When Alan Pardew swapped Newcastle United for Crystal Palace in early January, it was said the deal was perfect for both parties. Indeed, St. James’ Park wanted to get rid of the man perceived to be owner Mike Ashley’s “puppet,” and he was hardly smitten with the fans who called for his sacking every week without fail.
So when Palace came calling following their dismissal of Neil Warnock in the winter months, Pardew was only too happy to move to a club he knew he’d be loved at. A clear affiliation existed from his playing days, and he was born just a stone’s throw away in Wimbledon, so his family are located close.
As we creep toward the end of the 2014-15 Premier League season, it’s become clear only one side really benefitted from Pardew’s move. Crystal Palace’s epic 2-1 victory over Manchester City more or less confirmed safety as they moved onto 39 points for the season, while Newcastle, fresh off a painful derby-day defeat to Sunderland, have just two wins since the turn of the year under caretaker boss John Carver.
Pardew’s impact at the club has been both immediate and durable, with too many points to count. Jason Puncheon has been phenomenal in a more central role, Wilfried Zaha is scoring goals and Scott Dann, in truth, is playing football worthy of notice from Roy Hodgson and England.
But perhaps the biggest change, and by proxy the most positive one, is the rejuvenation of Glenn Murray—Palace’s goalscoring hero of the past four months. No story emanating from the club or individual turnaround matches his, and it’s one Pardew can legitimately claim to be his own doing.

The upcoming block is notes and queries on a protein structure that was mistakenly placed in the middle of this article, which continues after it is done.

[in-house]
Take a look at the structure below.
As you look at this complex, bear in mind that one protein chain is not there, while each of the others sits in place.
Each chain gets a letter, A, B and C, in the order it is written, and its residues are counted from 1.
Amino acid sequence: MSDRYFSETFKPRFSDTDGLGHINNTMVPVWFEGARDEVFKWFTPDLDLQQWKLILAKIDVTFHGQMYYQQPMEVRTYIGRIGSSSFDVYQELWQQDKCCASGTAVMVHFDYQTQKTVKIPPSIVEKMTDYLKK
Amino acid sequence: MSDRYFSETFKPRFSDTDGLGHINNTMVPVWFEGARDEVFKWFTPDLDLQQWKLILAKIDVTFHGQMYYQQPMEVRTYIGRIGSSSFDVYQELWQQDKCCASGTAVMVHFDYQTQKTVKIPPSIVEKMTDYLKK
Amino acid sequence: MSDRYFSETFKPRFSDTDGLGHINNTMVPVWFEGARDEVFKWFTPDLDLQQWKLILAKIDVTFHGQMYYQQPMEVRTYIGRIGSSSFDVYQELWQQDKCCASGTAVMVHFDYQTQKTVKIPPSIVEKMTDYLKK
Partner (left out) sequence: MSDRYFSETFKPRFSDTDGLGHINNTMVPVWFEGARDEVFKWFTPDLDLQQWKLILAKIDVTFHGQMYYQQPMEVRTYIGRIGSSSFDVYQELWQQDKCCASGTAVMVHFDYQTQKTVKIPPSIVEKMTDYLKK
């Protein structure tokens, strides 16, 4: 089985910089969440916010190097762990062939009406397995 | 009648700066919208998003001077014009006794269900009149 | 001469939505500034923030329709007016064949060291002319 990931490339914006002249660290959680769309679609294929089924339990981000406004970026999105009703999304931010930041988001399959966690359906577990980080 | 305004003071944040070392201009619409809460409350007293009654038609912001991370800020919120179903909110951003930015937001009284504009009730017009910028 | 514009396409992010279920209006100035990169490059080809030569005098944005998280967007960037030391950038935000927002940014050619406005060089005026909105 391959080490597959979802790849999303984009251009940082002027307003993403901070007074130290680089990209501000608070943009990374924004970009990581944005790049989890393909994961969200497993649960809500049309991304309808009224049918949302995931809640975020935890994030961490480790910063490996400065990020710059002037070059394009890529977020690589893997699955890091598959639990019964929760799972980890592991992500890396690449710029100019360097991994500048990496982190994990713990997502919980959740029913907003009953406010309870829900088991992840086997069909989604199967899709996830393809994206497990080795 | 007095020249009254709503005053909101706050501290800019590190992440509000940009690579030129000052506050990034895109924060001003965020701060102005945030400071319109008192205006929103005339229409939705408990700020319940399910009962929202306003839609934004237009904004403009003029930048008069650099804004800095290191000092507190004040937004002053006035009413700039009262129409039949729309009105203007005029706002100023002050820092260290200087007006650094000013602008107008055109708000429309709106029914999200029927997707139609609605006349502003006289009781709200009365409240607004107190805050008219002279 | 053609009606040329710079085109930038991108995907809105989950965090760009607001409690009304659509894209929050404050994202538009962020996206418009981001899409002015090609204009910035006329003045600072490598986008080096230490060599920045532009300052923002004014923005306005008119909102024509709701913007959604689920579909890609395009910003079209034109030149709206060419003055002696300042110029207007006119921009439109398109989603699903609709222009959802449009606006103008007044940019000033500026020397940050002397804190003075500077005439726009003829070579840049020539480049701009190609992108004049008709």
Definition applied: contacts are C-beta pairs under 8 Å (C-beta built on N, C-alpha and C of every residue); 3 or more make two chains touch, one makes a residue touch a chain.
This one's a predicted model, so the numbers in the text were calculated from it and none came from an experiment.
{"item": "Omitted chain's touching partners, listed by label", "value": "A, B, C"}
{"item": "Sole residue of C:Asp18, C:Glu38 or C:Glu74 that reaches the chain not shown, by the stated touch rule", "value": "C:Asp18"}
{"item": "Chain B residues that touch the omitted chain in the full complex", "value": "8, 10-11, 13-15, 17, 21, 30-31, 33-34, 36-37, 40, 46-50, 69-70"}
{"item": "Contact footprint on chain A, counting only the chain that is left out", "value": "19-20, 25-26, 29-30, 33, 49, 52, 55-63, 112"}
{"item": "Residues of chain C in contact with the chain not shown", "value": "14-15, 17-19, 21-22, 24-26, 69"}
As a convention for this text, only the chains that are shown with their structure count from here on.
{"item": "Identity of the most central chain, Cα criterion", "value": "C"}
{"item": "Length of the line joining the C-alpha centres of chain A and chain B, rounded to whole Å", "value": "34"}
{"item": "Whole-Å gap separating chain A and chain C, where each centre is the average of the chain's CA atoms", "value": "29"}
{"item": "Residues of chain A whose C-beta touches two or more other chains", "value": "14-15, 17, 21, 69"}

Murray was on the verge of being sold in January. He was out of favour and Championship clubs such as Reading were hovering with intent, per GetReading.co.uk. Pardew laid it plain and simple to reporters after his first Premier League win with Crystal Palace—a 2-1 defeat of Tottenham Hotspur—outlining his intent to speak to Murray and assure him he was in his plans. Shortly after, Murray signed a new deal.
Since then he’s been an assassin in front of goal, a genuine unsung hero in a rapidly improving side. Zaha and Yannick Bolasie dominate the highlight reels and Puncheon’s wand of a foot makes the headlines, but Murray’s five goals in his last five games—including a crazy brace and red card at Upton Park—could and should be the focus.
“We knew the centre-backs would be aggressive, we told Glenn he’d need to buy us fouls, win headers and work hard,” the manager told reporters after the game. “It was an exceptional performance. Forget about his goal, [it was] a real lesson in how to play as a No. 9.”
“He’s had a terrible time with injuries. [We are] so pleased with him and the quality he has.”
Pardew and Palace are building for next season and looking upward, not down. He won’t admit it yet but they are safe, and he can take a more considered and calculated stab at the transfer window in the summer without rushing and signing duds. Striker won’t be atop the wish list largely because Murray’s the No. 1 choice.
A club like Palace need a manager who can extract every last drop from the resources available, and Pardew—adored by the terraces and, seemingly, the board too—is in the perfect place. The rejuvenation of Murray typifies what he has brought to the club. He looks an inspired choice by chairman Steve Parish.
Isn’t it time we all started looking at our backs…for Crystal Palace?